“My art project relates to when I was in China on the stage reciting my Mandarin story in front of thousands. I was choosing my happiest feeling and I remembered this experience. I was scared and nervous, but in the end, I felt proud and happy because I had won the competition,” he reflected. William’s Art teacher Finella Clark said William’s work was an “Extremely successful and beautiful piece of art.”

Trinity Grammar School Mandarin teacher Mary Wang, became involved with the recitation competition in 2018, coaching and accompanying the boys to China. Mary herself was also awarded in Beijing, winning Best Instructor as chosen by the event organisers.

William and his brother James, backed up last year’s wins by again taking out the Age Champion titles in their respective age groups, at this year’s Grand Final in Beijing, which was held in late August. Not just that - James blitzed the competition, scoring the highest marks of the whole competition (all age groups) and William achieved the second highest score.

William and James have also have gained the attention of international media, being invited to appear on ‘Voice of Kids’ by Hubei TV, one of the biggest TV stations in China. The programme features children performing recitations and the episode will focus on Australian children learning Chinese.

280819_China recitation Aug 2019

Mary says she is proud of how far her Mandarin students have come. “Last year we had 11 boys participate in the NSW competition, with three of them making the Australian final and going on to compete in Beijing where each won their division. This year, 30 students participated in the state competition, 13 made it to the national competition and qualified for International competition, but only the Saunders boys were able to make the trip to Beijing, winning their events!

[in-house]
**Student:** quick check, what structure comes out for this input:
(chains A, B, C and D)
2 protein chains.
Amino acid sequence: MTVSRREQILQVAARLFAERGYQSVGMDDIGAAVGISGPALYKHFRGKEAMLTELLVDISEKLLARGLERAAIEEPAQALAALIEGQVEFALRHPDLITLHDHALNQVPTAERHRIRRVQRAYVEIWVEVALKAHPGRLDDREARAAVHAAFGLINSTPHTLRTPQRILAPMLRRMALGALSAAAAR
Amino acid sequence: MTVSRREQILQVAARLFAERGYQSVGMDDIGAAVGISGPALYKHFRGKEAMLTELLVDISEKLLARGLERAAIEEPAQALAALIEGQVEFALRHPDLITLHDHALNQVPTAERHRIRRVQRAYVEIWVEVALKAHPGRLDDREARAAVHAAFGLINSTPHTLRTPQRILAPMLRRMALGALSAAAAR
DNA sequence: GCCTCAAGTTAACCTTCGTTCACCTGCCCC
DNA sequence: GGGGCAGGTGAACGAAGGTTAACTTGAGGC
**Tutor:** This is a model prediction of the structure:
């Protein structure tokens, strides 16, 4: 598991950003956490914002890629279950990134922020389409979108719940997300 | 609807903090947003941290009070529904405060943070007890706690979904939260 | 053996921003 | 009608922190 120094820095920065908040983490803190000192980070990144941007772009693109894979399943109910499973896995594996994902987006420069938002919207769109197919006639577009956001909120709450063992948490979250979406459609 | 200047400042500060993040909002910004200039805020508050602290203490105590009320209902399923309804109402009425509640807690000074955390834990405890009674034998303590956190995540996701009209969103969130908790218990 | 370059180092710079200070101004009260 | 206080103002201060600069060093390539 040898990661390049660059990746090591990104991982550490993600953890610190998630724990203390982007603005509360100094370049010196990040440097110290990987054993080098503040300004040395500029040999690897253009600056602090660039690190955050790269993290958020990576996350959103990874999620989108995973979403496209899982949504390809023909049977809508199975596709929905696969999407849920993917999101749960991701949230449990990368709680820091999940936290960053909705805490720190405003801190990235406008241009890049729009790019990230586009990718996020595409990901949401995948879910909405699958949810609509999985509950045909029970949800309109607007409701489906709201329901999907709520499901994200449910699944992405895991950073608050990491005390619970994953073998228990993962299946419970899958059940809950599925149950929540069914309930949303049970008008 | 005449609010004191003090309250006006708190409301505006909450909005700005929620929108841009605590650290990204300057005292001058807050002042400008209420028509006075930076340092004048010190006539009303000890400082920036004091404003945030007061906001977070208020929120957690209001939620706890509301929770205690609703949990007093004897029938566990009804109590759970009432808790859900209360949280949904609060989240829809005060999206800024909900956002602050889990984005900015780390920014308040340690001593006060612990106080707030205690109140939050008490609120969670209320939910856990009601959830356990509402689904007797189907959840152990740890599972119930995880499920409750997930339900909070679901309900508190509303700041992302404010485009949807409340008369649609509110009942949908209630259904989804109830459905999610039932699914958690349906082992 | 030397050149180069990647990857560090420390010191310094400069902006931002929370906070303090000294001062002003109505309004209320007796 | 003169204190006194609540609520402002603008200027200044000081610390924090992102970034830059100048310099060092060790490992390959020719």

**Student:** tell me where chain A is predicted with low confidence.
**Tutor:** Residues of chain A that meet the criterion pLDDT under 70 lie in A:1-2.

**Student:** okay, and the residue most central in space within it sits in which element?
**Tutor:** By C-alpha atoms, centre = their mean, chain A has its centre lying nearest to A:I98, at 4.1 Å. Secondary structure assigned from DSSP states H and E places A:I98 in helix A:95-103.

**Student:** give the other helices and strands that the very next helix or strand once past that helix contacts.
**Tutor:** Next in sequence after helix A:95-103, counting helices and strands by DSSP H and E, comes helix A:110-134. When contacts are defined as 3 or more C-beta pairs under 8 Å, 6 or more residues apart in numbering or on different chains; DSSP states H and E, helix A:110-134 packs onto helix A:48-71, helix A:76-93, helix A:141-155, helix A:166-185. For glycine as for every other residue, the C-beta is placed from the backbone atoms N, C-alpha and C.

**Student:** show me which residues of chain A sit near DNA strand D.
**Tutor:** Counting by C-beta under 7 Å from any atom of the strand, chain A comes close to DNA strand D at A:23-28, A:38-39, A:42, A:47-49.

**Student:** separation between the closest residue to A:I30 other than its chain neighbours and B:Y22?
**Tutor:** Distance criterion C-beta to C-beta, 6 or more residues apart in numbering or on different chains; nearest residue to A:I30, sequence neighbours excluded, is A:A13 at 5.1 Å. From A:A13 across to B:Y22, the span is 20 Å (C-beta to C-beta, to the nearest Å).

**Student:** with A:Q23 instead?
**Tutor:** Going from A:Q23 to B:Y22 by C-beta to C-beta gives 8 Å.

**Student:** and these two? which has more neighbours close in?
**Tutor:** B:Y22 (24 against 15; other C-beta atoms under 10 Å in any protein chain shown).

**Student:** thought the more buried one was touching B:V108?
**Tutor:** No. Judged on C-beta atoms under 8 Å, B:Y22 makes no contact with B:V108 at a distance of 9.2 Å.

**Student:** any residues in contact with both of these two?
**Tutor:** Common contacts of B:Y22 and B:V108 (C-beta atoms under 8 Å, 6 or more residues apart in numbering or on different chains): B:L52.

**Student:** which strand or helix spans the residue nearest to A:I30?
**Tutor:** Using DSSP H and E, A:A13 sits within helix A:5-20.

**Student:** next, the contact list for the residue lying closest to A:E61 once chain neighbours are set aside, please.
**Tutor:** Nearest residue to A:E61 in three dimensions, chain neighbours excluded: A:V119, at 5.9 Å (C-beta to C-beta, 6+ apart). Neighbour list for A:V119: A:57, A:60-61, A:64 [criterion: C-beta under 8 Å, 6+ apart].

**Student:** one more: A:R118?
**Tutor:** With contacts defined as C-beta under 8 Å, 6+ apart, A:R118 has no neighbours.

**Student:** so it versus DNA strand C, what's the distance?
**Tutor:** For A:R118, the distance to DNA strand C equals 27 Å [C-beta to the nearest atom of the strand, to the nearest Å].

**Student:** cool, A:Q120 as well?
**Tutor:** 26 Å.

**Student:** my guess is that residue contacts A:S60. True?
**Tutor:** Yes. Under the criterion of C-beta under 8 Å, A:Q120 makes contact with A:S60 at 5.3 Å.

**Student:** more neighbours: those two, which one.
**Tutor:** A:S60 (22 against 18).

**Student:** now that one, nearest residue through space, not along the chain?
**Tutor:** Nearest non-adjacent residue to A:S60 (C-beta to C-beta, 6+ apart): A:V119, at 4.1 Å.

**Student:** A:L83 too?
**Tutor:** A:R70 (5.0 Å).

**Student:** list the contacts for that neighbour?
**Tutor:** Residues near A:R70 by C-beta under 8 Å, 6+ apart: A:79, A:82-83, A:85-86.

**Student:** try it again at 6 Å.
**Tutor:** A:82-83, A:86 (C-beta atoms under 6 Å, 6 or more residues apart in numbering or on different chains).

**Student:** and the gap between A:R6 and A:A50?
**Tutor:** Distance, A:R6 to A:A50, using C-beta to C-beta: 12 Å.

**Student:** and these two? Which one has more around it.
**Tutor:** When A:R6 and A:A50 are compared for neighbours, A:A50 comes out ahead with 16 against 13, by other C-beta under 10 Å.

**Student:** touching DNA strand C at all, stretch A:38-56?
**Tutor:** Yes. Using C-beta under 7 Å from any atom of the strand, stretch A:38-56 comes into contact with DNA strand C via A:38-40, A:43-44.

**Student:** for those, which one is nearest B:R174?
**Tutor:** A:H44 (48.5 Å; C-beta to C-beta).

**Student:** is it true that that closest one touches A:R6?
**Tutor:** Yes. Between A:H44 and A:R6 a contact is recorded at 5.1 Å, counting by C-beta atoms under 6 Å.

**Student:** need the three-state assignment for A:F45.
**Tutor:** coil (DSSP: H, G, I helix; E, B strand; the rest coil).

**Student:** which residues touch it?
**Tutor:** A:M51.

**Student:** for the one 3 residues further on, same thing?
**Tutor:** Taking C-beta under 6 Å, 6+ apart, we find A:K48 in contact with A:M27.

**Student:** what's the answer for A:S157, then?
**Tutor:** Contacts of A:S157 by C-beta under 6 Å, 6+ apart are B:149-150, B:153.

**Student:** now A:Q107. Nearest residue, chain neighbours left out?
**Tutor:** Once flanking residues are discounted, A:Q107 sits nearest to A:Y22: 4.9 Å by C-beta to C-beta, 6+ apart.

The experience of competing in these recitation competitions, regardless of the results, is an enriching and valuable one for all of my students,” commented Mary.

Trinity recognises the many benefits of learning a second language and has a strong and well-established language programme, offering Mandarin to all students from Pre-Kindergarten to Year 12. Other languages including French, German and Latin are offered from Year 7, and in addition, Classical Greek, Japanese and Spanish are offered in Years 11 and 12 for International Baccalaureate (IB) Diploma students.

From its outset, Trinity Grammar School has provided a rich cultural environment enabling boys to recite their stories and express the intangibles of life. Recognising the strong links between creative arts and academic performance, Trinity offers a comprehensive Creative Arts programme to students from Pre-Kindergarten to Year 12. This rich history has been the foundation for a breadth of performing and exhibition arts being taught, encouraged and fostered by some of the most passionate and expert educators in the country.

To find out why we are Sydney’s leading school for boys and to learn more about the Trinity difference and the creative arts at Trinity, download our Creative Arts booklet.

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Topics: Arts, Languages, Junior School, Creative arts, Students